I make no comment on the actual figures given by the hon. Gentleman. I do not agree that it is a fraudulent extraction. Of those now drawing retirement pensions, the man who retired this year aged 65 could not have contributed, had he entered the scheme in 1926, more than £240 towards the cost of his pension, together with a similar sum on the part of his employer. The capital value of the pension for such a man, if single, is £1,700 and, if married, £3,500.
Is not the net result of all this that the Treasury is paying less and less by way of its contribution?
This year the Exchequer is paying some £212 million to the National Insurance Fund.
12. Mr. J. Bennett
asked the Minister of Pensions and National Insurance what was the total income of the National Insurance Fund from employed persons and employers, respectively, including graduated contributions, in the year 1959–60; and what is the estimated income for the current year.
In 1959–60 contributions from employed persons were £319 million and from employers £352 million. The estimates for this year, including graduated contributions and payments in lieu under the graduated pension scheme introduced in 1961, are about £499 million from employees and £562 million from employers.
Will not the hon. Lady agree that this increase in revenue is really the result of a hidden form of taxation which falls heavily on those who can afford it least?
The increases in contributions are primarily caused by the [column 12]large increases in benefits. They are further caused by the increasing number of people drawing increased benefits.
13. Mr. Millan
asked the Minister of Pensions and National Insurance if he will estimate the reduction in the number of weekly allowances paid by the National Assistance Board consequent on the introduction of the new National Insurance scales.
Just over 66,000 National Assistance supplements to National Insurance benefits have ceased in consequence of the increases made this year in the rates of those benefits.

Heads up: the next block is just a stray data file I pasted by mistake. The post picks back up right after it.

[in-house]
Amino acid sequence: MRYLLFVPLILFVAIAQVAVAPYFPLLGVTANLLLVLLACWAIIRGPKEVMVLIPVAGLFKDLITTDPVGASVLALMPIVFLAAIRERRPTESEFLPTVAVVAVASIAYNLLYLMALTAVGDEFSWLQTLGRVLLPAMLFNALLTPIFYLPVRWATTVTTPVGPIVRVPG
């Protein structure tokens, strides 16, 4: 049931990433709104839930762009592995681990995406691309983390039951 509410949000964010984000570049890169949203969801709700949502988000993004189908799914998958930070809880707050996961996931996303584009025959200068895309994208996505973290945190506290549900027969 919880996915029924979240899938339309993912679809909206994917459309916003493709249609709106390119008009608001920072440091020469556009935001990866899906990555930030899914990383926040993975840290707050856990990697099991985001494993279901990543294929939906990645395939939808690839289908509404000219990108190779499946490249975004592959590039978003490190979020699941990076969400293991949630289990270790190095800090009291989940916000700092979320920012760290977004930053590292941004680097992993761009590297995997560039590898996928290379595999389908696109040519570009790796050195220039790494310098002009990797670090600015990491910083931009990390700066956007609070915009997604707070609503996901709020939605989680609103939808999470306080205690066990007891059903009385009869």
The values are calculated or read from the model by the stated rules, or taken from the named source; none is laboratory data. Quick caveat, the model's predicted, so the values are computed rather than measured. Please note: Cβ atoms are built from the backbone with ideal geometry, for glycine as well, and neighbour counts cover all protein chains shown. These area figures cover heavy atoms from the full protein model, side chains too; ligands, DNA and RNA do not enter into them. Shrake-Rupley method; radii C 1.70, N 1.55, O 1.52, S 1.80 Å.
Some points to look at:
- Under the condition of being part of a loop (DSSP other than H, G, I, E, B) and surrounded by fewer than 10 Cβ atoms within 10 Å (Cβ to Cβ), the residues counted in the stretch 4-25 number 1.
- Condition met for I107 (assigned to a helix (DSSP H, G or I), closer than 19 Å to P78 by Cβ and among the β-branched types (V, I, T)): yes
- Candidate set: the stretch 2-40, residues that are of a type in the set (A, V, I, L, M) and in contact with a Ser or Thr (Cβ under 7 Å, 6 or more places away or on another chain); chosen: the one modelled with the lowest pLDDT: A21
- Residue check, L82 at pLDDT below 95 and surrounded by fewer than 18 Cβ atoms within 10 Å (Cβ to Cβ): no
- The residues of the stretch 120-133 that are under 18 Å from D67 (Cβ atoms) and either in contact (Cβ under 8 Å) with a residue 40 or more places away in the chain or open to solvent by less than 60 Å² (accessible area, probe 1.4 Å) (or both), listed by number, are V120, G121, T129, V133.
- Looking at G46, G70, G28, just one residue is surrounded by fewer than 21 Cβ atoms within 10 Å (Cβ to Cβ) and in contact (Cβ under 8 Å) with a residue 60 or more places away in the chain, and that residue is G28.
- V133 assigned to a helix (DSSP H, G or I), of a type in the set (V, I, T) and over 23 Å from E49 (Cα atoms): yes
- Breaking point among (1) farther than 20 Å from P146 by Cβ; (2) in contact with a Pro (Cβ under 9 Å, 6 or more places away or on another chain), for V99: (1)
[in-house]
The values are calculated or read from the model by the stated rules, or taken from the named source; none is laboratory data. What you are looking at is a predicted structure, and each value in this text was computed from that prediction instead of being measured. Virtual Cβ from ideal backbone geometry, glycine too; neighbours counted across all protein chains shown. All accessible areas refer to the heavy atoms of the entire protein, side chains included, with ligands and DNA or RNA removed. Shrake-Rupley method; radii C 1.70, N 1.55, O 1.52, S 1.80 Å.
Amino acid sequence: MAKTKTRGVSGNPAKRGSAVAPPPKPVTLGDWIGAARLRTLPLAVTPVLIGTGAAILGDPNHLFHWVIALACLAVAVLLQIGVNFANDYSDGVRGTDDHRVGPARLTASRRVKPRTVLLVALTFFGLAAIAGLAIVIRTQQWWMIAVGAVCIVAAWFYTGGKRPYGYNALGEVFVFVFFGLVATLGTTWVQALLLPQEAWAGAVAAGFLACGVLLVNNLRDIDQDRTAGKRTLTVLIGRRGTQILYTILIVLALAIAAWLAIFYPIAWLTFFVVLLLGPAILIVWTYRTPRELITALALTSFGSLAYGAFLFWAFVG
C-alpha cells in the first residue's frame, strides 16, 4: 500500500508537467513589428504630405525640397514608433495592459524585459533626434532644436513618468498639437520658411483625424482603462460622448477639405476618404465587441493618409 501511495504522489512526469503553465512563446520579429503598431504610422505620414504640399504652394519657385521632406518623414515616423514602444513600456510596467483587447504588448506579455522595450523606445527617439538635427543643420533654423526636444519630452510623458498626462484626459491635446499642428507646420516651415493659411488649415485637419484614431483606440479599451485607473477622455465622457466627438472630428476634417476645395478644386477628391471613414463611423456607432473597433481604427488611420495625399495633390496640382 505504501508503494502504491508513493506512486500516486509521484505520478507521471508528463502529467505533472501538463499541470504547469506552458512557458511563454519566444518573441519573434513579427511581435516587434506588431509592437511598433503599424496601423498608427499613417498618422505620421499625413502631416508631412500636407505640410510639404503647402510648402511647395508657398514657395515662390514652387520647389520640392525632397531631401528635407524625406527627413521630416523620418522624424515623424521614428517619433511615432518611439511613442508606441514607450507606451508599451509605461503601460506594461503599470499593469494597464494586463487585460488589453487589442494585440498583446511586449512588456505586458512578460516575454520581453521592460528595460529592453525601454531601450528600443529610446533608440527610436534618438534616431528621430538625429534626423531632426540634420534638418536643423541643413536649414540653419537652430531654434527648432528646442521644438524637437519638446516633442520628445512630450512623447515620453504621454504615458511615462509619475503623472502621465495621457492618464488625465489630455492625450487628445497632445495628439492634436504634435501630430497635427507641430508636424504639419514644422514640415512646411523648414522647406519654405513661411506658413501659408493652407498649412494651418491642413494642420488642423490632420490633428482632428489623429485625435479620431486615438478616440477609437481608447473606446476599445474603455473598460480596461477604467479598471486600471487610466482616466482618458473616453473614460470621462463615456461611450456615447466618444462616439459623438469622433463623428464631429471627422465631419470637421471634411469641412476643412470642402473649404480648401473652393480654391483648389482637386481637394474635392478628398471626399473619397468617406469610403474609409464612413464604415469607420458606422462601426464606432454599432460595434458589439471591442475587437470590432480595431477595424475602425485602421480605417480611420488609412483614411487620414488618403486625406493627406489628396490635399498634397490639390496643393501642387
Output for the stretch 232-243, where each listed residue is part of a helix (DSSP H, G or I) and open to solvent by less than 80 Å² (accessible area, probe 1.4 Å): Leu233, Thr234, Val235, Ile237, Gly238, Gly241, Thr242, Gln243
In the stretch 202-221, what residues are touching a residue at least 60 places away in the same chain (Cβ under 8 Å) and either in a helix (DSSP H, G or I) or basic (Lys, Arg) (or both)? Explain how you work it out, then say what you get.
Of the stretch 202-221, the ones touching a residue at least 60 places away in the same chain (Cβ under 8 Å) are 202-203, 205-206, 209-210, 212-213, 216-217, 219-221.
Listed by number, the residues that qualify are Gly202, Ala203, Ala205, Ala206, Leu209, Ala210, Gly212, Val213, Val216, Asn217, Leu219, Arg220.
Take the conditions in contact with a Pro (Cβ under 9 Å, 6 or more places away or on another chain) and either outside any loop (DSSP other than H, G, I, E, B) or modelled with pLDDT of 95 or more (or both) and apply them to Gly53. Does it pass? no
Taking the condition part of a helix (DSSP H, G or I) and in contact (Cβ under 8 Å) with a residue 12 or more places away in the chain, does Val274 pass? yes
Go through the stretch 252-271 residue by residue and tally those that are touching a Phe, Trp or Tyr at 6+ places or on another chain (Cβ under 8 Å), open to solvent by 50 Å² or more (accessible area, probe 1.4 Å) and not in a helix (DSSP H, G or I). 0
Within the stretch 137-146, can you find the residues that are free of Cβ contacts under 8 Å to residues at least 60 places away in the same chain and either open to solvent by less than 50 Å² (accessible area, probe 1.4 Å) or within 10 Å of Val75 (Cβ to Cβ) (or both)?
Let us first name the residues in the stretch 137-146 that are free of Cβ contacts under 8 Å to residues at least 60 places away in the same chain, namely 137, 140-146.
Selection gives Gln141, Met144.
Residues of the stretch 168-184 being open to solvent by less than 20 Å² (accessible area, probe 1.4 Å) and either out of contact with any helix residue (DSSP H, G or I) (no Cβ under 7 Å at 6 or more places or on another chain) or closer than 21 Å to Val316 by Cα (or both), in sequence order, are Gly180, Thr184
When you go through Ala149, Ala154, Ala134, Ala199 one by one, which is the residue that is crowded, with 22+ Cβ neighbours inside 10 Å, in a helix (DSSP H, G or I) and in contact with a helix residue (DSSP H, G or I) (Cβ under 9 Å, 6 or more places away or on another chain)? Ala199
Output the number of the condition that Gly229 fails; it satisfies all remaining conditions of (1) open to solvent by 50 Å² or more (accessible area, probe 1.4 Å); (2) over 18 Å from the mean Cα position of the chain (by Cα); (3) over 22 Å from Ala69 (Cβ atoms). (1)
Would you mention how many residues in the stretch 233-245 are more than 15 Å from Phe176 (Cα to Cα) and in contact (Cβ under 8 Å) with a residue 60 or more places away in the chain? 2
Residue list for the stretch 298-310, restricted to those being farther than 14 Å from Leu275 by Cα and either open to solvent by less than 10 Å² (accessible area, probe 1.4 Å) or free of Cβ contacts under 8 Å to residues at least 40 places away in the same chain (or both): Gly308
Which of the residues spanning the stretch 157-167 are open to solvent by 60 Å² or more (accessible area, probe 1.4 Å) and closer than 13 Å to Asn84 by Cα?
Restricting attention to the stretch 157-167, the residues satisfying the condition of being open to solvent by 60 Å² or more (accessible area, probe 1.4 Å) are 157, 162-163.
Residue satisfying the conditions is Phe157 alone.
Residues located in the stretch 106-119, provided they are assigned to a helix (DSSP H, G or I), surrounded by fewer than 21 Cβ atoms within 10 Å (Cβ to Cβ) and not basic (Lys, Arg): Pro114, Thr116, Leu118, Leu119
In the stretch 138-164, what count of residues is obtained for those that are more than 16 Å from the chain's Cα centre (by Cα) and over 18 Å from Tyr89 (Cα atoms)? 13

Is this figure not a demonstration of the fact that because National Assistance scales have been increased to a much less extent than National Insurance scales in the last increase the people who are by definition among the very poorest, namely, those on National Assistance, are getting the smallest increases, and is this not thoroughly undesirable?
Hon. Members opposite complain when we have too many people on National Assistance. They now complain because we increased National Insurance benefit rates to take some people off National Assistance. That figure is inflated by the ending of discretionary winter fuel payments in April.
14. Mr. J. Hill
asked the Minister of Pensions and National Insurance if he will estimate the weekly reduction in expenditure by the National Assistance Board following the introduction of the new National Insurance benefit scales.
£200,000. But the joint effect of the recent National Insurance and National Assistance changes has been to increase the total income of recipients of National assistance by about £670,000 a week.
Will not the hon. Lady agree that because of these figures it is time that the Government thought again? As my hon. Friend the Member for Glasgow, Craigton (Mr. Millan) has already said, people with the lowest possible incomes are suffering because of the [column 13]National Assistance level not being increased when the pensions were increased.
I showed in my original answer that people on the lowest possible incomes are now getting some £670,000 a week more than they were previously.
Blyth (National Assistance)
18. Mr. Milne
asked the Minister of Pensions and National Insurance what effect rises in the number of unemployed have on the payment of national Assistance; and what were the amounts paid in the Blyth constituency during the years 1958, 1959, 1960, 1961, and 1962, respectively.
If the number of persons unemployed rises, and, in consequence, there is an increase in the number of such persons who apply for National Assistance, the effect is, of course, to raise expenditure on National Assistance. I regret that figures asked for by the hon. Member are not now available for years before 1961. The total amount of National Assistance paid to persons registering at employment exchanges in the Blyth constituency was: about £29,200 in 1961 and about £48,400 in 1962.